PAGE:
It might have been the first time you got on a plane, ordered a pint of milk in Spanish, or laid eyes on a squid. It’s why these first resorts incorporated British food and drink into the experience; to make people feel more at home.
And, as you can tell from Hisaronu, this custom never fully went away. Spain set the mold for this type of “Britain with better weather” vacation, but soon dozens of places similar to Hisaronu appeared in Greece and Turkey. By the 1980s, Turkey was viewed as a getaway destination with plentiful “sun, sea, ancient history and exotic orient” writes Arzu Ozturkmen, a historian at Bogazici University, as well as a cheaper alternative to the Spanish coast.
A country like Turkey may not feel as foreign as it once did to visitors, and a place like Hisaronu provides a base to travel more “off the beaten track.” Yet when it comes to food, the Brits are not always the most adventurous. According to a survey carried out by a large British supermarket chain, they still have a fondness for home cooking. In 2014, one third of Brits claimed they preferred eating their own cuisine on vacation. Another 1999 survey found that half of British tourists snub local fare in favor of fish and chips and an English breakfast.
Clutching to routine and ritual like a safety blanket extends beyond food. This same survey found, rather hilariously, that 34 percent of British tourists take an umbrella on vacation with them, and one percent take their own tea bags. (As a Brit, I can certainly attest to the last point. Tea, as every British person knows, never tastes the same beyond the British Isles.)
Hisaronu and Britain now have something else in common, beyond an affinity for the English breakfast. Soon, neither will be a member of the European Union. During the bitter “Brexit” referendum, the “Leave” side dangled the threat of Turkey joining the European Union as a strong reason to vote no. It was argued that Turks would soon be arriving at the English border seeking work. Not only is Turkey’s membership of the E.U. a distant prospect, but more Britons currently travel to Turkey than vice versa.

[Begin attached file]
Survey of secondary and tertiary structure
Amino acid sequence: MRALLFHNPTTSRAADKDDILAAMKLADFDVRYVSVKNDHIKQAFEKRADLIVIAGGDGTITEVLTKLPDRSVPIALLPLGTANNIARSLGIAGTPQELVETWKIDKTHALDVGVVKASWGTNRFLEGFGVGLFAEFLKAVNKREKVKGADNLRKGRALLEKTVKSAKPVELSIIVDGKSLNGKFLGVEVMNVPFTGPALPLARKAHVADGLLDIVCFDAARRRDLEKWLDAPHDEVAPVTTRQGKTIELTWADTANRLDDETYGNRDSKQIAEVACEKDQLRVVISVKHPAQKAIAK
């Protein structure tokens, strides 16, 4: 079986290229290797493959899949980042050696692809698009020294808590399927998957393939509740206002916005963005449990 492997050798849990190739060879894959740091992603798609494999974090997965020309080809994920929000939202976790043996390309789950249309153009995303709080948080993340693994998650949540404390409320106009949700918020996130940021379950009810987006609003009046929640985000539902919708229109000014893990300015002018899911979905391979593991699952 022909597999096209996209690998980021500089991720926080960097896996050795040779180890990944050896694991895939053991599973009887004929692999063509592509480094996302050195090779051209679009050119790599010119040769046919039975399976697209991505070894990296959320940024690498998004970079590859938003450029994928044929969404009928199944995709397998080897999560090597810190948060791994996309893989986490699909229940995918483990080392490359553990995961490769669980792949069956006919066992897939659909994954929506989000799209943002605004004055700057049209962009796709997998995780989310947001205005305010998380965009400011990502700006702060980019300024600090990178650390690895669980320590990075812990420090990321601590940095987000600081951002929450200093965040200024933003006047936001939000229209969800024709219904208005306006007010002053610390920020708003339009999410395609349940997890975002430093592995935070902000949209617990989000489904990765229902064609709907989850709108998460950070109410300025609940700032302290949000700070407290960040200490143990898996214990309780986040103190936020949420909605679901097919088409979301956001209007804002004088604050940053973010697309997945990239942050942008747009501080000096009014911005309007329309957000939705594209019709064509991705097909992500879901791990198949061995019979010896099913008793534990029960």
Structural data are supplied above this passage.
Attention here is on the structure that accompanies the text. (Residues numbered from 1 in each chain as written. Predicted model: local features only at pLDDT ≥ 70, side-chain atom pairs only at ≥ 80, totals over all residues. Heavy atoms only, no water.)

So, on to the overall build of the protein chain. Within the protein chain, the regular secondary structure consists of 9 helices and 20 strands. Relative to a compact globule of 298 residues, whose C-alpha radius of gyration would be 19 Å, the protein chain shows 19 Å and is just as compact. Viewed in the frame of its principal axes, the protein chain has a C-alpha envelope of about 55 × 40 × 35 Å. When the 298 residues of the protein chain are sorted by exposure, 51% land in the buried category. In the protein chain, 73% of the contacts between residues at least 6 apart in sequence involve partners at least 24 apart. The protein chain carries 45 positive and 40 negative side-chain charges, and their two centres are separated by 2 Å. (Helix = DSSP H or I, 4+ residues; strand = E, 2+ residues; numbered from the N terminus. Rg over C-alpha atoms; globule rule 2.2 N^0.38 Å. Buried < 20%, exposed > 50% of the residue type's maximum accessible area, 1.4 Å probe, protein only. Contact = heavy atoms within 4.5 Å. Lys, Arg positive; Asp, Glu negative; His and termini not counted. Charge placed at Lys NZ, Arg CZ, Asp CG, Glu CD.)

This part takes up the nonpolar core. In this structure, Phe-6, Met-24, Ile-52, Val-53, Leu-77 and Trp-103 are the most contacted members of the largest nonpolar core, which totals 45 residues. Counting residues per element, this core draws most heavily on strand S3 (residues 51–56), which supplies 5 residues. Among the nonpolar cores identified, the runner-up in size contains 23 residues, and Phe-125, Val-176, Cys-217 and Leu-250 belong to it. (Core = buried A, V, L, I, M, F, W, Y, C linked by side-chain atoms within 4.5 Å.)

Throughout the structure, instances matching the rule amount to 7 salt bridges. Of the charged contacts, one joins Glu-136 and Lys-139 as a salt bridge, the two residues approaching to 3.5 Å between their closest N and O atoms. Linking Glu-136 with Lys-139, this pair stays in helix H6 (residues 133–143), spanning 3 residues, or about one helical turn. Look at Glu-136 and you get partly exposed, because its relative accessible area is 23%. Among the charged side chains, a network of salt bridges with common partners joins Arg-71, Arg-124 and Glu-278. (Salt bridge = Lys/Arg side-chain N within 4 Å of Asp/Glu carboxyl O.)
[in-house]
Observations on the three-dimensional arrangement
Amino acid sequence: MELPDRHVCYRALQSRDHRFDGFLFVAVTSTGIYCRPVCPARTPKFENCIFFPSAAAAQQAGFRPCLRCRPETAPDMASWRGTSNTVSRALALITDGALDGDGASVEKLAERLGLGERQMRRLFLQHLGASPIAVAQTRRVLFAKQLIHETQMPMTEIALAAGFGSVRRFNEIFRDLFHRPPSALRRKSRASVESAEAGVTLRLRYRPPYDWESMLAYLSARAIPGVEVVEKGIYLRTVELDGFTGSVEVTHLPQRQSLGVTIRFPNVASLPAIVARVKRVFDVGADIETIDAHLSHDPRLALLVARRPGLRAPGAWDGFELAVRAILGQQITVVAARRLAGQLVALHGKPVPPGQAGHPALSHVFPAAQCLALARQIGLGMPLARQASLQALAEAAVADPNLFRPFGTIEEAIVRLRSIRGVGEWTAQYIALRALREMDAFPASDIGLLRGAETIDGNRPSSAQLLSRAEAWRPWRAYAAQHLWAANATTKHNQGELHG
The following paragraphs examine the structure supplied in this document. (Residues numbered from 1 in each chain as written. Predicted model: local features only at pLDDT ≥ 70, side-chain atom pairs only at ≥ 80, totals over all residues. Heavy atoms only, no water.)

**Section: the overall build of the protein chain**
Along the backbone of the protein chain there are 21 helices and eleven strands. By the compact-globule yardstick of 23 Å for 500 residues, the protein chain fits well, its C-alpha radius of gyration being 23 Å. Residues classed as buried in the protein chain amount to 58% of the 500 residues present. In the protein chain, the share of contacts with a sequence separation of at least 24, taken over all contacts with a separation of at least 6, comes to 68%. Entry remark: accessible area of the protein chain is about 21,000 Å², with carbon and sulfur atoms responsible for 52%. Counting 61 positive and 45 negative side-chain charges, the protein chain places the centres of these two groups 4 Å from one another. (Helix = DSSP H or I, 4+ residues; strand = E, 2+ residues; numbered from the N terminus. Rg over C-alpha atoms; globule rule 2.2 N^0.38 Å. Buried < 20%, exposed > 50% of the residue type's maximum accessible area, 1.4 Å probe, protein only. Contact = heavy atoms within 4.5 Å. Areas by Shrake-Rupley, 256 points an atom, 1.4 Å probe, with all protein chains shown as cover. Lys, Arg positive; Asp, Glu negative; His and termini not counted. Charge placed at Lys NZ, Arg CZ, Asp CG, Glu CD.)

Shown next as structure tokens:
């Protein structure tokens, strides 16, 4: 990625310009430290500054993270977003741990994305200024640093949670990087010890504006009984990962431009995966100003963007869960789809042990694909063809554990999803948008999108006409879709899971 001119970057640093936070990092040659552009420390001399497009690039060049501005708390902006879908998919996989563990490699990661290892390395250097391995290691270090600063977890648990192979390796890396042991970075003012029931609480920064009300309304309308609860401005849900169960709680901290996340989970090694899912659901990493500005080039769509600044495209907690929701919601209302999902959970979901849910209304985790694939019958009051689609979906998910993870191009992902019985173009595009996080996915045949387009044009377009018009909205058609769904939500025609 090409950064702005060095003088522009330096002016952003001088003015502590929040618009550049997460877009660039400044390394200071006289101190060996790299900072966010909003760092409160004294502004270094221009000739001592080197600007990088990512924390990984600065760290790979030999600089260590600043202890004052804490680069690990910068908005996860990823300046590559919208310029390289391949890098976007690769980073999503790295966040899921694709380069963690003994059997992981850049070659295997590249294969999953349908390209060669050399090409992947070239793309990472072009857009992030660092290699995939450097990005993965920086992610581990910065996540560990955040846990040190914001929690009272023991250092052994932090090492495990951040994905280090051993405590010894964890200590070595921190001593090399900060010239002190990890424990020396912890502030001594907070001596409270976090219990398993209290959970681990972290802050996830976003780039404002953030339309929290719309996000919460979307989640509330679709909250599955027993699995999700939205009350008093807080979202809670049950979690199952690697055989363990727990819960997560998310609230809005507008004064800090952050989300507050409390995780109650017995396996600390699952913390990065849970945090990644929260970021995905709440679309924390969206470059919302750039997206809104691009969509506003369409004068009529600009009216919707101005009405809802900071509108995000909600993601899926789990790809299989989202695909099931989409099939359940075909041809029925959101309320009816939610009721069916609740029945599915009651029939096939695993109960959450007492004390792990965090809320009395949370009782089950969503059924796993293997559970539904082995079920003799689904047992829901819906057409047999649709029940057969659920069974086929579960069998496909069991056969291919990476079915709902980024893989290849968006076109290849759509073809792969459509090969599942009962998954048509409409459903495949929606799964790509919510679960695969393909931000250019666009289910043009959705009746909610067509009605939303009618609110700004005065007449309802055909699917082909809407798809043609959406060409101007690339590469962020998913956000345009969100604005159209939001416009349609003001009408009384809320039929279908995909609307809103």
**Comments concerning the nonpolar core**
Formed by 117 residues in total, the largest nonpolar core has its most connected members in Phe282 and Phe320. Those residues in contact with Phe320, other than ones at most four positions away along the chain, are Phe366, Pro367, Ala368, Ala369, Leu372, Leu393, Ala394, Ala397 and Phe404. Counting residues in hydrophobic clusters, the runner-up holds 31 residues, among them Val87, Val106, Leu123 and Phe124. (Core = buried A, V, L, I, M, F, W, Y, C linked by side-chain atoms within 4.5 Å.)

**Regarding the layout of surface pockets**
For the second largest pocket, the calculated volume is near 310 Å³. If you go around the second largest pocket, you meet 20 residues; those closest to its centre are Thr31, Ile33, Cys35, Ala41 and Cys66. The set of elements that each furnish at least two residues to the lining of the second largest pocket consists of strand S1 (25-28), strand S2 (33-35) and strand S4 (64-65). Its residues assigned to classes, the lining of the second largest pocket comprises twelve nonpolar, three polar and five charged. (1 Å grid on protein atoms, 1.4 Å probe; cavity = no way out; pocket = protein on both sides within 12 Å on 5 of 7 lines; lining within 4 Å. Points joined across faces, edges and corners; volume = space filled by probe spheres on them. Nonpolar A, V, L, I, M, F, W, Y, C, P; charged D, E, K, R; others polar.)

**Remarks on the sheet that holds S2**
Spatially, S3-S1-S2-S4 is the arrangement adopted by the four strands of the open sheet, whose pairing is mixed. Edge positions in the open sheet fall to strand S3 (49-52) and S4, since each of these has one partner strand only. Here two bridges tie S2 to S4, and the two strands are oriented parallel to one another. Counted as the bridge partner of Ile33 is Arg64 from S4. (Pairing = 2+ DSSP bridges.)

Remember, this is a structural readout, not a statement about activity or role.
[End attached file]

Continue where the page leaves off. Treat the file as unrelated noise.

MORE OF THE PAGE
Some 2.5 million British citizens travel to Turkey each year, reports The Daily Telegraph, but fewer than 200,000 Turks visited the U.K. in 2015. And despite the fact there has been a steep drop in arrivals amid security fears in Turkey—a result of bombings and a failed coup—Hisaronu appears to have a loyal following. Visitors like Conner say they will keep coming back.
Not everything in Hisaronu is Anglicized; guests can still find their fair share of traditional kebab houses and menus delivering aubergine-based delights. For the ardent shopper, there are plenty of souvenirs to be bought that can’t be found in a British department store.
Dotted along the main drag in Hisaronu, tourists can find counterfeit treasures galore. Rows of fake soccer shirts, stacks of Armani handbags, “Roy Bands” sunglasses and other sweet deals on merchandise fill shop fronts. You might buy that “Prada” purse at Selfridgez, rather than Selfridges, the London department store.
Conner, the longtime Hisaronu visitor, believes proprietors of venues like Azda or Marc Spenger name their shops after British cultural references as a joke, rather than a bald attempt to draw in visitors.
Just the name Codswallop – a frankly hilarious thing to see on vacation – is entertaining for British guests in Hisaronu. In addition to its fish and chips, the menu revives some of the summertime eating traditions normally reserved for trips to the British seaside.
As Ruth Letts, one happy Codswallop customer says, “If we were staying longer I would be trying out the afternoon cream teas too.”